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Amnesty Calls for Human Rights Commissioner

Russian Federation: Recommendations of Commissioner for Human Rights must be implemented

On the eve of the visit to Chechnya of the Council of Europe's Commissioner for Human Rights, Alvaro Gil-Robles, Amnesty International expressed serious concern about continuing human rights abuses in the republic and the failure to bring to justice those responsible. The organization urged the Russian authorities to implement the Commissioner's recommendations.

"The human rights situation in Chechnya remains deplorable," Amnesty International said.

"Federal forces commit grave human rights violations against the civilian population and are only rarely held to account."

During raids by Russian troops on villages, hundreds of Chechen civilians have 'disappeared' and many have later been found in mass graves. While such operations now seem to be targeting individuals rather than whole villages, the violations continue. Chechen fighters also commit serious human rights abuses, especially against members of the pro-Moscow administration.

Two measures by the authorities, Decree no. 46 of the Prosecutor General and Order no. 80 of the Commander of the federal forces in Chechnya, were introduced in 2001 and 2002 to provide greater transparency and protection for civilians during raids. However, they are routinely ignored and Chechen civilians appear to be as unprotected as ever.

In his recommendation of May 2002, the Commissioner for Human Rights expressed concern that neither of these regulations had 'been adequately complied with' and recommended that the authorities take all necessary steps to ensure that they were 'effectively applied and that any breaches thereof be severely sanctioned'. Amnesty International urged the Russian authorities to ensure the implementation of this recommendation.

Mr Gil-Robles also expressed concern that civilians who are detained by Russian forces are deprived of their constitutional rights. They are held at military bases to which civilian prosecutors have no access, but military prosecutors have no jurisdiction in such cases.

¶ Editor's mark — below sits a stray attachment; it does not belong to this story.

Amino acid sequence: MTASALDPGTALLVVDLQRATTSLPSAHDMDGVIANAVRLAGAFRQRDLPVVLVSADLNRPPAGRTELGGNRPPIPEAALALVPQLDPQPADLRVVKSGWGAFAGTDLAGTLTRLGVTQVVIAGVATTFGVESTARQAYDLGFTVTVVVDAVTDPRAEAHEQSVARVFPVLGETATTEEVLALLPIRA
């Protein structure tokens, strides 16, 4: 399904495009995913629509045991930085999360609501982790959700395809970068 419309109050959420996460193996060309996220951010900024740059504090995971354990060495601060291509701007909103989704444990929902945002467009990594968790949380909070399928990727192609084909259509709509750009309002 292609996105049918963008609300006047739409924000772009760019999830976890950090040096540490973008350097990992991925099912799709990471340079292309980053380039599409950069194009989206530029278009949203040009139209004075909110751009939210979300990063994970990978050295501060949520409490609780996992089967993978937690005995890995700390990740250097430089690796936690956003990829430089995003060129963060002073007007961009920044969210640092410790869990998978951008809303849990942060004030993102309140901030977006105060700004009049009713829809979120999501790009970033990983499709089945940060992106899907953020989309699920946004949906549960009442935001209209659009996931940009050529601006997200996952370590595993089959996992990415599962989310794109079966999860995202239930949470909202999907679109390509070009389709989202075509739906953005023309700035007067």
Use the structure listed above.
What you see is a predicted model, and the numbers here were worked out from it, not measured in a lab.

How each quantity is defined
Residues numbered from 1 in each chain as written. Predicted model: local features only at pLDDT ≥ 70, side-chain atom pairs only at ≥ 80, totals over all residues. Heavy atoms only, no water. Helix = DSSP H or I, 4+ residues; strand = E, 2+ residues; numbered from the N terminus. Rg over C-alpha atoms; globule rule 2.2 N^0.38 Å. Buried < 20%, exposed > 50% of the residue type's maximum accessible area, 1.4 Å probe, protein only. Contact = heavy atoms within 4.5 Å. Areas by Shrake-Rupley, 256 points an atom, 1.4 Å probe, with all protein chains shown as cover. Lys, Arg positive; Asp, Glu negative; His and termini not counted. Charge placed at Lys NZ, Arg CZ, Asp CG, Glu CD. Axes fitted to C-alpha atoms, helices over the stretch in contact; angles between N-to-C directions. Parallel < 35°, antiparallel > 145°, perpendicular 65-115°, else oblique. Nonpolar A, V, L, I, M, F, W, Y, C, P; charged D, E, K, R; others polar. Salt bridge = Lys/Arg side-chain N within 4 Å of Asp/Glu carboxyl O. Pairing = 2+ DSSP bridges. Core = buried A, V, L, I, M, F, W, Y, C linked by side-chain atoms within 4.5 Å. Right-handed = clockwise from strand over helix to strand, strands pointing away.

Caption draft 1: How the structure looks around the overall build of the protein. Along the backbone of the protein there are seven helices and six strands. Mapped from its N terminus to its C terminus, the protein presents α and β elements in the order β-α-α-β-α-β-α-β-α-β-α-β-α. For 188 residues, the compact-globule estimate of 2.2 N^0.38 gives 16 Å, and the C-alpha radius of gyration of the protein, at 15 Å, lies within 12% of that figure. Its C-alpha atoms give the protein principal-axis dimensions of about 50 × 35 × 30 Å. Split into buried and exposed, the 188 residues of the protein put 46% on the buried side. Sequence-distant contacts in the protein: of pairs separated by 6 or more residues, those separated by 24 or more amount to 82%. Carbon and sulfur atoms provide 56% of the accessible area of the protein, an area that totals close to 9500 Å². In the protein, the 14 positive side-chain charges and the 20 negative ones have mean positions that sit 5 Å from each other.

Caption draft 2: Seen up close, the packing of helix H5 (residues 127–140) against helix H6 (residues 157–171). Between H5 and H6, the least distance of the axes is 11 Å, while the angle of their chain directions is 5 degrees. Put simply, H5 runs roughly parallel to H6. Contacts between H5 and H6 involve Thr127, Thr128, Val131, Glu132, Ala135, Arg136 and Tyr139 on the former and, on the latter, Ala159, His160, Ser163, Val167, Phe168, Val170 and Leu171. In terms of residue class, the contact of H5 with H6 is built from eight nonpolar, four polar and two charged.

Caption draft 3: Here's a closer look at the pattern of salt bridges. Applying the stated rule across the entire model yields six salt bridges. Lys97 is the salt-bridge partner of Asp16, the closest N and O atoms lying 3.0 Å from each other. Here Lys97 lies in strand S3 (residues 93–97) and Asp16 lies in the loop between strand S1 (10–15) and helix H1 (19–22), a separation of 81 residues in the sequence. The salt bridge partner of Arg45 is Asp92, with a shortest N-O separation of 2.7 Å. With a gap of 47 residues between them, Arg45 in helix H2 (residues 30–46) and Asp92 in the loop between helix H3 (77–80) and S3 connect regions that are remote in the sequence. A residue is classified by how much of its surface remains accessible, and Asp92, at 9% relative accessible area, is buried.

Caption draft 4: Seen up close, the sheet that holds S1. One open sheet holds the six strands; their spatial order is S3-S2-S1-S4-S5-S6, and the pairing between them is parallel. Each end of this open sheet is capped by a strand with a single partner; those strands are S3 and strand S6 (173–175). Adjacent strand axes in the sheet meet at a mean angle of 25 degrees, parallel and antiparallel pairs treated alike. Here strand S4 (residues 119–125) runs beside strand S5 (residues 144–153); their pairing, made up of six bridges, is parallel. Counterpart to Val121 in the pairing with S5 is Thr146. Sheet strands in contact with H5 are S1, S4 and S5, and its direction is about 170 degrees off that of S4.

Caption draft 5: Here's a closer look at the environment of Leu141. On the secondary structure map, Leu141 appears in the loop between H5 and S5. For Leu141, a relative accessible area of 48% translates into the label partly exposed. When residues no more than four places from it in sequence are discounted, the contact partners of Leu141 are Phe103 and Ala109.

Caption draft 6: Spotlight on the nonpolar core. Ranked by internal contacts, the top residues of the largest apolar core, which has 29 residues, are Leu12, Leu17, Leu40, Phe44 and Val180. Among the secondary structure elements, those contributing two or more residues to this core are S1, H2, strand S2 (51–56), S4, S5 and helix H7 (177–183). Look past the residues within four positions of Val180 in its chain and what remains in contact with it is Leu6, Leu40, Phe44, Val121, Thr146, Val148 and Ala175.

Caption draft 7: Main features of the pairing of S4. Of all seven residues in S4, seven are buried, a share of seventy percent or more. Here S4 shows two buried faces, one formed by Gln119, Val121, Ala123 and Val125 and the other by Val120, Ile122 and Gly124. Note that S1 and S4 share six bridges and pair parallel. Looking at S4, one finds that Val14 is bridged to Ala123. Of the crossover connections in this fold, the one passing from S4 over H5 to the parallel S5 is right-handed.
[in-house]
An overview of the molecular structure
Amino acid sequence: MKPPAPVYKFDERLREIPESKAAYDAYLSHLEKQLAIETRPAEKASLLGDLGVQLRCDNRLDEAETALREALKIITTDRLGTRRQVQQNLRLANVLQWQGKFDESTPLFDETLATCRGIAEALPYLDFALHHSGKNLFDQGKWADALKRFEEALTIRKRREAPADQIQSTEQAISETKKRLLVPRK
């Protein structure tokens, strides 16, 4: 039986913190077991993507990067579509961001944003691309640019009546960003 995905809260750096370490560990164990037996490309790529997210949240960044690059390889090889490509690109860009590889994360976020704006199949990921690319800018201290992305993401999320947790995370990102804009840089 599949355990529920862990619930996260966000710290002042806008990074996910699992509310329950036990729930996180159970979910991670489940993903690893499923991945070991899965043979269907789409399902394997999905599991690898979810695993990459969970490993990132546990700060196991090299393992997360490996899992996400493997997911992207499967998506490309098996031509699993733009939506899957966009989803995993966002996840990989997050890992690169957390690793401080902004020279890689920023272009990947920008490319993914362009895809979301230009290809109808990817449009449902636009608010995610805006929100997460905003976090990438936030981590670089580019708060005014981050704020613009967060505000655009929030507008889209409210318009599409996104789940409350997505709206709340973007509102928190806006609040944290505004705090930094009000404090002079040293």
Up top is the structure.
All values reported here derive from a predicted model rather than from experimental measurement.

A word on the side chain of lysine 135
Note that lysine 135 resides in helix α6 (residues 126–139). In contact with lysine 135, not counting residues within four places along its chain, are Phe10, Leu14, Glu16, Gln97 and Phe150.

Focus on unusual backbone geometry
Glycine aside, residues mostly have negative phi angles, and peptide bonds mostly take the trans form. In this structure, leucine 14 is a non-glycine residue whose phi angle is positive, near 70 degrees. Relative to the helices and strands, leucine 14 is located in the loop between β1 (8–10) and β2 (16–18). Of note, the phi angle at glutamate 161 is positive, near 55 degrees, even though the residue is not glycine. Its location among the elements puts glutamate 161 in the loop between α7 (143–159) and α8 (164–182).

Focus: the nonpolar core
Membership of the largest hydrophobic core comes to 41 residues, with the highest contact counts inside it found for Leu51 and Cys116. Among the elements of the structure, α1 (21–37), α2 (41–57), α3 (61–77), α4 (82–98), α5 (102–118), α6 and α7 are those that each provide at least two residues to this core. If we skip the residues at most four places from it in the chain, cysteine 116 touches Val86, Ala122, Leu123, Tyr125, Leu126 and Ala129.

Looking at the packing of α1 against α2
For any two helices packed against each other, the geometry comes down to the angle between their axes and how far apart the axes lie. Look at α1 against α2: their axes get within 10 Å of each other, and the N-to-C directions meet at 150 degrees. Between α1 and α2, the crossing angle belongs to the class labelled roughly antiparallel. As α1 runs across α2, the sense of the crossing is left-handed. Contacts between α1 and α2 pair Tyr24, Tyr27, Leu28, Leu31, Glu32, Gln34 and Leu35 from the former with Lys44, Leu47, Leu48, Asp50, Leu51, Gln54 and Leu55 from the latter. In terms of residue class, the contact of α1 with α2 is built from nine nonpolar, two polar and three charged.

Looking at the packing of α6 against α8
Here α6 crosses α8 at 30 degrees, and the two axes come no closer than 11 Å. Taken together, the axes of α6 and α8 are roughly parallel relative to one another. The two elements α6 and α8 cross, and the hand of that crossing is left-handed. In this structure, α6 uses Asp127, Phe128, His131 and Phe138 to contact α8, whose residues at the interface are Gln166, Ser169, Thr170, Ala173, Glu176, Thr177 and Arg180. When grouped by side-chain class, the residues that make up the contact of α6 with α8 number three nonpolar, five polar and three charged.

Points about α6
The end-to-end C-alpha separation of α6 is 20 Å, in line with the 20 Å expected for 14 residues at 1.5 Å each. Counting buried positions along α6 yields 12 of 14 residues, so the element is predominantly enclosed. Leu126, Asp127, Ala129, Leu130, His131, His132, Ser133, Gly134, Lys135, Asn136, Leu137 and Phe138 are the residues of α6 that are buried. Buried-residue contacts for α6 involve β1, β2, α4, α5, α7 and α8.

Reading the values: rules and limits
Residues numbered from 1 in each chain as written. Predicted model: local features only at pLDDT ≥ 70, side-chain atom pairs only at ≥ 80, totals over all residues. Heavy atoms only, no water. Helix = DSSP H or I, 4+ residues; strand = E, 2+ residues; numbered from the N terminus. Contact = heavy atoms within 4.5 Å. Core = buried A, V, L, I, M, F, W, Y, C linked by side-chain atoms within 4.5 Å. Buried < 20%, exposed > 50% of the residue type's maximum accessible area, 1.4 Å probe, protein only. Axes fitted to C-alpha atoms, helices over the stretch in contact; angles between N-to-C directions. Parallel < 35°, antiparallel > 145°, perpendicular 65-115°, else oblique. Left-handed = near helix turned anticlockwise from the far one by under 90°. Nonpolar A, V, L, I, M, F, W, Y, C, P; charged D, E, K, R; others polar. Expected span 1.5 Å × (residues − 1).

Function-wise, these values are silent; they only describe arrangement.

"This legal limbo further endangers the lives of Chechen detainees," Amnesty International stated.

The Commissioner recommended that the Prosecutor General of the Russian Federation ensure that civilians enjoy the constitutional rights guaranteed in the event of their arrest and detention by soldiers. Amnesty International finds it extremely regrettable that this recommendation has also been ignored by the authorities.

Welcoming the Commissioner's visit to Chechnya, Amnesty International urged the Russian authorities to grant access to other international observers, including the UN Special Rapporteurs on Torture, Extrajudicial Executions and Violence against Women and the Special Representative of the UN Secretary General on Internally Displaced Persons, to visit the republic. It also calls upon the Russian government to publish all reports prepared by the European Committee for the Prevention of Torture following its visits to the Russian Federation, including Chechnya. Russia remains the only member of the Council of Europe not to have done so.

Visit the Amnesty International Russia Campaign websites:

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